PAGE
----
The impact of exchange rate movements on U.S. foreign debt
Cédric Tille ()
Current Issues in Economics and Finance, 2003, issue jan
In 2001, the United States' net debt to the rest of the world jumped to $2.3 trillion, a level double that recorded in 1999. Much of the increase reflects the new borrowing undertaken by the country to finance its mounting current account deficit. A third of the change, however, can be traced to a simple accounting effect--the impact of a rising dollar on the value of U.S. assets held abroad.
Keywords: Deficit financing; Debts, External; Foreign exchange; Capital movements (search for similar items in EconPapers)
References: View complete reference list from CitEc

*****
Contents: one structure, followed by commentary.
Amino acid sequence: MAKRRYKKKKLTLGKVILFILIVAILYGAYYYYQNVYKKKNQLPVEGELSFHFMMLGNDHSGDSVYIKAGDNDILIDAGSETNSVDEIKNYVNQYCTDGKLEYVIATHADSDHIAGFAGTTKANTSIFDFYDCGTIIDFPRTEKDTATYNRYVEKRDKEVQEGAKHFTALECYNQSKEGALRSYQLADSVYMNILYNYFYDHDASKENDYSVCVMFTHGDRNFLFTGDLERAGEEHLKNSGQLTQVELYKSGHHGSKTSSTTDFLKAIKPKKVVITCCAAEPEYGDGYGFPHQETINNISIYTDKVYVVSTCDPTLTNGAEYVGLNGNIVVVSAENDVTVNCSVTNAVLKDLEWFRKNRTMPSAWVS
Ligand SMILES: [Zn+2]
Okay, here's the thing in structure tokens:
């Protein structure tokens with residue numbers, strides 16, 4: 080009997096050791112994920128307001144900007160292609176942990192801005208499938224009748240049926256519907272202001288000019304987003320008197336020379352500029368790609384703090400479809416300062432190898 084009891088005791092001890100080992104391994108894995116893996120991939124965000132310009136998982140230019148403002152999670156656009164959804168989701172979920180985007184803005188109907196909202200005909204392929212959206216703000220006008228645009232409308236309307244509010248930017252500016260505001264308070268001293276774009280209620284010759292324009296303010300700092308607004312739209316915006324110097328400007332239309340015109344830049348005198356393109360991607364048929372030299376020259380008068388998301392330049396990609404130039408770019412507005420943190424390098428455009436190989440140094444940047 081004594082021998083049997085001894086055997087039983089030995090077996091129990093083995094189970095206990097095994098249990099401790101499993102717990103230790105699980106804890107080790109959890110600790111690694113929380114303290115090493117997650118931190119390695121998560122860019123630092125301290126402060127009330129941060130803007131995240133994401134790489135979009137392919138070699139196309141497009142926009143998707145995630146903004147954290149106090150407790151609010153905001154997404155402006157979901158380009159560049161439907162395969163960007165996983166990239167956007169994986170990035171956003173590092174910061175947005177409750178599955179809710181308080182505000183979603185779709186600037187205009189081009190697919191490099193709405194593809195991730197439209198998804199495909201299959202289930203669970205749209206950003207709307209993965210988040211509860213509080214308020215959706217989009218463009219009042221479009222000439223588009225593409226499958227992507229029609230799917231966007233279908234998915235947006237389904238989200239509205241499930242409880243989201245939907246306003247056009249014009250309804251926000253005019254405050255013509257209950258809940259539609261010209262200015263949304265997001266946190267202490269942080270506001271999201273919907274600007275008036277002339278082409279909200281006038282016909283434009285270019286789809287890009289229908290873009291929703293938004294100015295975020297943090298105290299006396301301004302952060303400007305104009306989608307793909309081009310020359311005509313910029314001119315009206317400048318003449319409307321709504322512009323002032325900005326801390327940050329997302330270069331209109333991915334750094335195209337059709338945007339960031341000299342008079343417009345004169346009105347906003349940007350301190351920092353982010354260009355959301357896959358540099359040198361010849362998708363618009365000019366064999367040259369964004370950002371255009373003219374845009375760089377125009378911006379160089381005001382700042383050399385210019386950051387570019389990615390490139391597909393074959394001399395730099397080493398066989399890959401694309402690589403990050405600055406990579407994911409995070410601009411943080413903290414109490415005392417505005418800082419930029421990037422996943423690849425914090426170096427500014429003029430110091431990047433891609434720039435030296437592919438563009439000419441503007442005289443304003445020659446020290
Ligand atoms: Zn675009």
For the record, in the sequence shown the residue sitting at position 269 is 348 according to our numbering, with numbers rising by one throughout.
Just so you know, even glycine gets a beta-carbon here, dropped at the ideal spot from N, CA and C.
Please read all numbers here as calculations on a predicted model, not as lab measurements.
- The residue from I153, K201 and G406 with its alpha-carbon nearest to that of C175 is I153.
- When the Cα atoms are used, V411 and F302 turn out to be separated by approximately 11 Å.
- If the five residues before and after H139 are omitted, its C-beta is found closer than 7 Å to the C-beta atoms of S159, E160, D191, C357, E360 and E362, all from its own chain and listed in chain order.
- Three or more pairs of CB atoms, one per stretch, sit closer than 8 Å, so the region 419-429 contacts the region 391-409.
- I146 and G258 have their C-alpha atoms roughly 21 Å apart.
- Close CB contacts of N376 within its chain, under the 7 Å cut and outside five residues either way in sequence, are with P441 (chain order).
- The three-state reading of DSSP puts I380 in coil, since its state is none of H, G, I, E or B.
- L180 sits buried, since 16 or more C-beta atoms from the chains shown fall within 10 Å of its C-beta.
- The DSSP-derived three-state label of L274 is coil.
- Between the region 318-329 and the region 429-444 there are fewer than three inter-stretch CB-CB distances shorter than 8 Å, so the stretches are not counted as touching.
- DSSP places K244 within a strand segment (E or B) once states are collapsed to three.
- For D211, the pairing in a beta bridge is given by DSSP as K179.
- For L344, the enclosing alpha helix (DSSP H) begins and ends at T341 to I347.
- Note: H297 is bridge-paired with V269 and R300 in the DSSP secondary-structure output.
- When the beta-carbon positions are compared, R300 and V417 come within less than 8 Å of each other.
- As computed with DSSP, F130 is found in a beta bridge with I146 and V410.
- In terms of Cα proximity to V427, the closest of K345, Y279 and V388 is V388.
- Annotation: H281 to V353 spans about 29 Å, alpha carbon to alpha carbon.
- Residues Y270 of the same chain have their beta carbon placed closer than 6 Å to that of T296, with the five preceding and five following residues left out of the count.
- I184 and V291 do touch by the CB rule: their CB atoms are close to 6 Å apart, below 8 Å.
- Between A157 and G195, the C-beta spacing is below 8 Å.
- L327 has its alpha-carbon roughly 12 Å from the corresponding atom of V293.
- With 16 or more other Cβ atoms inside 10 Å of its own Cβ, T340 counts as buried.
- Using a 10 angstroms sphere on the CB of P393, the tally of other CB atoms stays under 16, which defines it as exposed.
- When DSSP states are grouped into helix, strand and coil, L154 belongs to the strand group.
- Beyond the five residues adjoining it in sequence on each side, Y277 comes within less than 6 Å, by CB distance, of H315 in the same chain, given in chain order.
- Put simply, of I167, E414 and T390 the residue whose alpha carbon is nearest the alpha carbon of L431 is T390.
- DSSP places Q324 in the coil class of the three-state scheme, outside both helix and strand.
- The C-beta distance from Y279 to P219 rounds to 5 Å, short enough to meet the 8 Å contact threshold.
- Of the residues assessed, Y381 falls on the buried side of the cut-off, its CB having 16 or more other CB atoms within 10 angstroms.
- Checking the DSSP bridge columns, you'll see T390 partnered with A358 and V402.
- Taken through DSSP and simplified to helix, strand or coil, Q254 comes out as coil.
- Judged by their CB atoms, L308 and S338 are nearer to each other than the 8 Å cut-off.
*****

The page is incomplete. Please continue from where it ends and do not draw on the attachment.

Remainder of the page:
Citations: View citations in EconPapers (97) Track citations by RSS feed
Downloads: (external link)
This item may be available elsewhere in EconPapers: Search for items with the same title.
Export reference: BibTeX
RIS (EndNote, ProCite, RefMan)
Persistent link: https://EconPapers.repec.org/RePEc:fip:fednci:y:2003:i:jan:n:v.9no.1
Ordering information: This journal article can be ordered from
Access Statistics for this article
More articles in Current Issues in Economics and Finance from Federal Reserve Bank of New York Contact information at EDIRC.
Bibliographic data for series maintained by Amy Farber ().